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Melodies Record Club 001: Four Tet Selects
Jazz /
Vinyl record
“Melodies Record Club”, a string of DJ and artist curated mini compilations in loud 12” format. The first instalment was put together by Four Tet, selecting two big peak-time Jazz tracks he used to spin regularly at Plastic People.

On one side, we’ve got all time jazz greats Jackie McLean and Michael Carvin’s De I Comahlee Ah, taken from their seminal album Antiquity recorded in Denmark back in 1975. A year and a half ago, we visited Steeplechase, the original label in the outskirts of Copenhagen. They informed us that at the time, the track was cut short as it didn’t fit on the full LP. They were kind enough to provide us with the tape of the full original recording, allowing us to release for the first time the full extended version capturing twelve and a half minutes of studio magic. Speaking with Michael back in November, he told us that every song on that album was recorded without any overdubs. They had taken their shoes off and organised the studio in such a way that they could move from instrument to instrument during the take (!!)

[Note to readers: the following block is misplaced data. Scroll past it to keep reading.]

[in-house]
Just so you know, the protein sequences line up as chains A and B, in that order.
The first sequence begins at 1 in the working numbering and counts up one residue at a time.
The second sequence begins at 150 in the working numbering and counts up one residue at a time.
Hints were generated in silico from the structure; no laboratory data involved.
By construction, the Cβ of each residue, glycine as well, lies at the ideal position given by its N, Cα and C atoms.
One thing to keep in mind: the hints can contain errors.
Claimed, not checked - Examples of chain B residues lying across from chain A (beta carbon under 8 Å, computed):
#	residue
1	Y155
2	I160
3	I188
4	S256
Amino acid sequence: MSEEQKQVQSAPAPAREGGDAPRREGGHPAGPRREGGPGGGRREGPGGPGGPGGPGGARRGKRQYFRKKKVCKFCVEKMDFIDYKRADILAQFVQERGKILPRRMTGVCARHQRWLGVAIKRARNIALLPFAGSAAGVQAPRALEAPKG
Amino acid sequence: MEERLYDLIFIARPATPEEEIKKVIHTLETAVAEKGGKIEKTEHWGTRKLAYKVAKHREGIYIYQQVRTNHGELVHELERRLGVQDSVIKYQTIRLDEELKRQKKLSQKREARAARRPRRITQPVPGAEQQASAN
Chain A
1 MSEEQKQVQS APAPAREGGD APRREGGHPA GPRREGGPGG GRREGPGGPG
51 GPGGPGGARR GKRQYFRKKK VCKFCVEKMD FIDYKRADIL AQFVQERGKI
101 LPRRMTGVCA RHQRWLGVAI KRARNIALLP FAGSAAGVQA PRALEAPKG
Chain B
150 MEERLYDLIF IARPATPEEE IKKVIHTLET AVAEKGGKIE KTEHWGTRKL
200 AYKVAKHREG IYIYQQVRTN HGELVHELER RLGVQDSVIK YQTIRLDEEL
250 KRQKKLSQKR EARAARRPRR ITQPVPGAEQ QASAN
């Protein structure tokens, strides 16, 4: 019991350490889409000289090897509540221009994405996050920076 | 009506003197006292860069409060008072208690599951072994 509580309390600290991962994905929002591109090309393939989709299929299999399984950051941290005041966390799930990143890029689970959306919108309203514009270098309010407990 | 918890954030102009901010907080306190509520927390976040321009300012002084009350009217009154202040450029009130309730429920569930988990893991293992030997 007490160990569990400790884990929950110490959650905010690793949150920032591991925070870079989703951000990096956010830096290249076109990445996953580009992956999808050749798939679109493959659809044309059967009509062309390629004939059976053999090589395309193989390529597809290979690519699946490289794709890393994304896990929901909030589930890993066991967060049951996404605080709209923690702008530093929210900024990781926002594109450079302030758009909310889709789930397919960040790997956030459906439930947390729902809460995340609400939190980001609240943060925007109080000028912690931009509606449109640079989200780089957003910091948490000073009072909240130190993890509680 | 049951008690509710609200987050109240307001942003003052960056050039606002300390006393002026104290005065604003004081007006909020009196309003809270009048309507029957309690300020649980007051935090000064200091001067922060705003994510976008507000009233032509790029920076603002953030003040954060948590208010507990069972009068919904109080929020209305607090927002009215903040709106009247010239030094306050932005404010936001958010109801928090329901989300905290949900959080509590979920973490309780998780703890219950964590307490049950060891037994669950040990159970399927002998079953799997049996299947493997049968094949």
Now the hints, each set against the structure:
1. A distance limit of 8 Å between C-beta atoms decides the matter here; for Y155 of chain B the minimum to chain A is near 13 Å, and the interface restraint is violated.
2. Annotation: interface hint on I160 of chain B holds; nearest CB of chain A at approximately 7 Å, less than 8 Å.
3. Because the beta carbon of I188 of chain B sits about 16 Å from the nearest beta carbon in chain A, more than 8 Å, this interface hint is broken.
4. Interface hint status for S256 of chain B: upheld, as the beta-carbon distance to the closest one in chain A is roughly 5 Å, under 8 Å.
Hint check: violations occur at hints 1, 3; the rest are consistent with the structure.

On the flip, we have Chris McGregor’s Brotherhood of Breath – MRA. Back in 70s London, the Brotherhood had brought together musicians who had sought refuge from South Africa’s apartheid regime and the best of a new generation of British jazz musicians. Music journalist Richard Williams, who had originally reviewed the band in the 1970s tell us: “They made music that appealed in equal measure to the head, the heart and the feet, taking the jazz legacy of Duke Ellington and Charles Mingus and adding to it the fantastic dance rhythms and gorgeous harmonies of the townships and untethered collective improvisations of the new free music”.